After workers apply the labels and verify them with a scan from the handheld device, the ROC IT EdgeTRAC software updates all back-end systems with the commissioned serial number hierarchy data. The module is based on GS1’s standards and can be integrated with any EPC Information Systems (EPCIS)-based serial number management system. Users can also generate standard reports for tag status (printed, verified, not verified or decommissioned) and export to PDF or CSV format.

MIT Mobile Experience Lab, Marriott Hotels Test NFC-enabled Platform Designed to Encourage Guest Interaction

The MIT Mobile Experience Laboratory is collaborating with Marriott Hotels on a research project that leverages Near Field Communication (NFC) and other technologies to encourage real-world interaction among individuals. The group is developing a social-network platform called Six Degrees. A prototype—currently being tested in the lobby of the Marriott in Cambridge, Mass.—is designed to let guests learn about each other, and to interact and socialize.

The Six Degrees RFID-enabled table

The platform includes the use of mobile apps, a wall display and an NFC-enabled interactive table embedded with NFC nodes that can communicate with guests’ mobile devices or pre-programmed ID cards. For the prototype, the lab has used Adafruit‘s PN532 NFC/RFID Controller Shield, which employs a PN532 chip-set capable of reading and writing to tags and cards, communicating with phones and performing like an NFC tag, according to Amar Boghani, a creative technologist with the MIT Mobile Experience Lab. The prototype, Boghani reports, also utilizes ID cards containing NXP Semiconductors‘ NTAG203 chips.

The Six Degrees Mobile App pulls in data from a guest’s LinkedIn account when that individual first logs in, and creates a profile based around his or her professional background and personal interests. According to the lab, the prototype platform then uses this information to match guests with one another, based on what they have in common. When someone places his or her phone or ID card on the table, the table can read that person’s interests, or the activities he or she has checked into. When two people at the table have something in common, LED lights will glow in matching colors. This interaction is designed to give people a reason to look each other up, the lab explains.

The Six Degrees public display, located in the lobby, also shows information regarding upcoming events and active Six Degrees users at the hotel. What’s more, it visualizes aggregate data about the Six Degrees community.

Ryder Cup Tees Up RFID Technology for Spectators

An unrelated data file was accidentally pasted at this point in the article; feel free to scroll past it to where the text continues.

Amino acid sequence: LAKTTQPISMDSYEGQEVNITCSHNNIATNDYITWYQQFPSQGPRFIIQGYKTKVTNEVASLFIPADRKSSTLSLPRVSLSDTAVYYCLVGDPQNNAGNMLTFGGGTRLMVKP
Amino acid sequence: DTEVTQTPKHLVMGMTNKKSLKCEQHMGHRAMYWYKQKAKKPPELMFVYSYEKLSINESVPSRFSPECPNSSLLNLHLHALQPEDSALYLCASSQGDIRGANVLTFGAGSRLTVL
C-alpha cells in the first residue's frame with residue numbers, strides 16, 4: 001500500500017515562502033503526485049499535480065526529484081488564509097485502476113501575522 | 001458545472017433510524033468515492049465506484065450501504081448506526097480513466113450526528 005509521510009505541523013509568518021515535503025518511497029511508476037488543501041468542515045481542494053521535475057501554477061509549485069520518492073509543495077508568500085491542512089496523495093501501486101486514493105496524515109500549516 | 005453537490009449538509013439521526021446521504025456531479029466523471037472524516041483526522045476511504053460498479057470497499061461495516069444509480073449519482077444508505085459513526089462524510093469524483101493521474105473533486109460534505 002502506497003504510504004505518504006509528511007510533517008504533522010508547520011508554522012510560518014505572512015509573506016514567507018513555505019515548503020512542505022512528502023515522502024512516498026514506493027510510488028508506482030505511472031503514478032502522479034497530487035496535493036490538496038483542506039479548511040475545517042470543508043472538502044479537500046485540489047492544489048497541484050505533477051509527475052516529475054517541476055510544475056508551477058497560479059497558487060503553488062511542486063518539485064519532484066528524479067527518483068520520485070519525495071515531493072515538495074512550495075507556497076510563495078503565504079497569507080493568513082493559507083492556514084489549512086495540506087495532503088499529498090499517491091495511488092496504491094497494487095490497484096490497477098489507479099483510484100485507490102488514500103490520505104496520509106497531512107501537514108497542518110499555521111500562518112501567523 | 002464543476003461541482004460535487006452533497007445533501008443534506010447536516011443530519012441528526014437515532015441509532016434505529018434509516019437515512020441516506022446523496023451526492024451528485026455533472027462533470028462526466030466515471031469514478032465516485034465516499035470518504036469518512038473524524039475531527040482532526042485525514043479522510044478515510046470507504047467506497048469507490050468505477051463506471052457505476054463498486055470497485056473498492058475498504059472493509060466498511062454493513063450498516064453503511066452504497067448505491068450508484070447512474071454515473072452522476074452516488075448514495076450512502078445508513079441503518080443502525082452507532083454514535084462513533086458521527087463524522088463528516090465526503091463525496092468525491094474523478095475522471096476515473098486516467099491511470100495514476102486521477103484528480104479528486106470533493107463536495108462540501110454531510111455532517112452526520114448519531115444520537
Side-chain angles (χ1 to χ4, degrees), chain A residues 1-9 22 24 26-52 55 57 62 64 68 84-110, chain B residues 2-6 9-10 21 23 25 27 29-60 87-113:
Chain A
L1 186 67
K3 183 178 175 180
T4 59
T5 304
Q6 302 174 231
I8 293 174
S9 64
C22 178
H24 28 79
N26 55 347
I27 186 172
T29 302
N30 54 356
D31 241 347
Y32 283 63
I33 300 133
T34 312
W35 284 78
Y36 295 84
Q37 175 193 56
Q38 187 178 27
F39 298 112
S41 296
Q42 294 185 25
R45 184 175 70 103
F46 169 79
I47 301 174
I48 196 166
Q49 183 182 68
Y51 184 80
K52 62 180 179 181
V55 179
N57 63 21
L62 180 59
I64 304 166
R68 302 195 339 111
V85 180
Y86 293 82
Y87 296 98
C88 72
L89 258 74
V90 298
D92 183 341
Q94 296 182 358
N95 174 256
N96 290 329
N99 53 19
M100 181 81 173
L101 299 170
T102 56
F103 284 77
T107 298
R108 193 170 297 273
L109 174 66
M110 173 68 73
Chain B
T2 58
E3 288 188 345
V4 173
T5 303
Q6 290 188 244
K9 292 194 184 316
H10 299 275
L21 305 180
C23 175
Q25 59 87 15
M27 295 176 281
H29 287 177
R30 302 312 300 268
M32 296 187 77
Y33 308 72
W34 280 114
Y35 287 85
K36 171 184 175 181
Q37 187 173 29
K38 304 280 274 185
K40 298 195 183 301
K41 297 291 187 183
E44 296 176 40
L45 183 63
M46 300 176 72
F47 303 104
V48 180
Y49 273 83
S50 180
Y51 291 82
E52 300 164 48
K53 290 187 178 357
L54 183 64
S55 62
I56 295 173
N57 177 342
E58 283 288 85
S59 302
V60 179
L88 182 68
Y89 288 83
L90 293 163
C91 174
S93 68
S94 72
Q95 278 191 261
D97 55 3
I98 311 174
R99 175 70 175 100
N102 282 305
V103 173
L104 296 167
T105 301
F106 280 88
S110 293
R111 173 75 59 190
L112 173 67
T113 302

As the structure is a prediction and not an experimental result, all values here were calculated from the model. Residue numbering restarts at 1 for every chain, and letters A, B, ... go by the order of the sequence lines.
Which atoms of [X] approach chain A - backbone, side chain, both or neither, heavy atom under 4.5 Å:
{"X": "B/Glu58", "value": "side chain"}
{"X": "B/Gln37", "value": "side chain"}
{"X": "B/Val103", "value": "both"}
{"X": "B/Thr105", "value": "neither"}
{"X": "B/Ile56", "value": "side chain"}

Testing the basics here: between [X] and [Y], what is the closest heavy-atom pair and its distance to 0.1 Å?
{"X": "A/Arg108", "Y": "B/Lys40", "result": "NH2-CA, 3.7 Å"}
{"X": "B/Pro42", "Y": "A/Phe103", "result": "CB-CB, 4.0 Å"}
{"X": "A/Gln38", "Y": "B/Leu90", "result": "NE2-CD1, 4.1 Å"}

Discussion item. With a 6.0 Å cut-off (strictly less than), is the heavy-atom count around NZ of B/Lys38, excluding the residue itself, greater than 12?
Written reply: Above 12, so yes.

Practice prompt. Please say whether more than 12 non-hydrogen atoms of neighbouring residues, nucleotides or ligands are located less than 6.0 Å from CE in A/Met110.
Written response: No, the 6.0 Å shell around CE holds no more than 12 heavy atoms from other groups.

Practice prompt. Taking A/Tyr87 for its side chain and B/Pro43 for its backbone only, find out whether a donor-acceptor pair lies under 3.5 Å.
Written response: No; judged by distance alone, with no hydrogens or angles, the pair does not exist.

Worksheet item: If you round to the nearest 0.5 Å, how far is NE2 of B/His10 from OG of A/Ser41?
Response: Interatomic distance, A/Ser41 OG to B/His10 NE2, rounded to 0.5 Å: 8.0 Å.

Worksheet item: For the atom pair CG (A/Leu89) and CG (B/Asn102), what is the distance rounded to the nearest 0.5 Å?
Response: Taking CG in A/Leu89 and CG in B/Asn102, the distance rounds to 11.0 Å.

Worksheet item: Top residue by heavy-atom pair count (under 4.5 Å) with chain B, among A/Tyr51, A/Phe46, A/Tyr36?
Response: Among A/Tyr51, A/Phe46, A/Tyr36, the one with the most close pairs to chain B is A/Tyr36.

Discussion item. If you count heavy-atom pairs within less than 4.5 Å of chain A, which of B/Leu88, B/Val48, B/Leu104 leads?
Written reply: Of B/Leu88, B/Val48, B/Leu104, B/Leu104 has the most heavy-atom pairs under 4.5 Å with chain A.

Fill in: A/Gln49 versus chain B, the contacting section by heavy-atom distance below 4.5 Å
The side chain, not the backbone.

The 2014 Ryder Cup, the biennial professional match-play golf competition between teams from Europe and the United States—which will take place on Sept. 22-29 at Scotland’s Gleneagles Hotel—will feature RFID-enabled wristbands that enable spectators to interact via social media and pay for goods via contactless payment. The RFID technology is being provided by ID&C, a U.K.-based provider of security, promotional and contactless payment wristbands, while Intellitix is supplying software and readers.

Ryder Cup RFID wristband

Spectators will receive the RFID wristbands with their tickets, and can activate and register their tags via a tablet or smartphone, or by approaching one of the volunteers stationed within the venue’s tented village information centers. Once activated, the RFID technology will enable fans to engage with many of the official Ryder Cup partner activities based in the Ryder Cup Spectator Village, including the BMW Car Display and The Ryder Cup Experience with Standard Life Investments, in which spectators can compete in a simulated team competition with live scoreboards located around the venue, according to the Ryder Cup. On the course, an initiative called “Walk the Course” will encourage spectators to visit all areas of the venue, with prizes awarded to those who check in at points around the course. The wristbands will also allow fans to show support for their team, including offering a virtual “high five” for the European Team or Team USA upon their arrival, by touching their wristband to points around the golf course. They will also be able to connect with friends and family around the world through automatic social-media updates on Facebook and Twitter.

ID&C has declined to identify details regarding the RFID chips and readers being used for the Ryder Cup. In the past, however, ID&C and Intellitix provided the technology for such events as last summer’s Bonnaroo Music and Arts Festival, so that attendees could gain admission to the event, share “likes” and pictures of themselves on Facebook, upload music playlists to commercial music-streaming service provider Spotify, and post tweets on Twitter. Each ID&C wristband came with a built-in 13.56 MHz tag compliant with the ISO 15693 standard (see RFID Performs a Bigger Role at Bonnaroo Festival).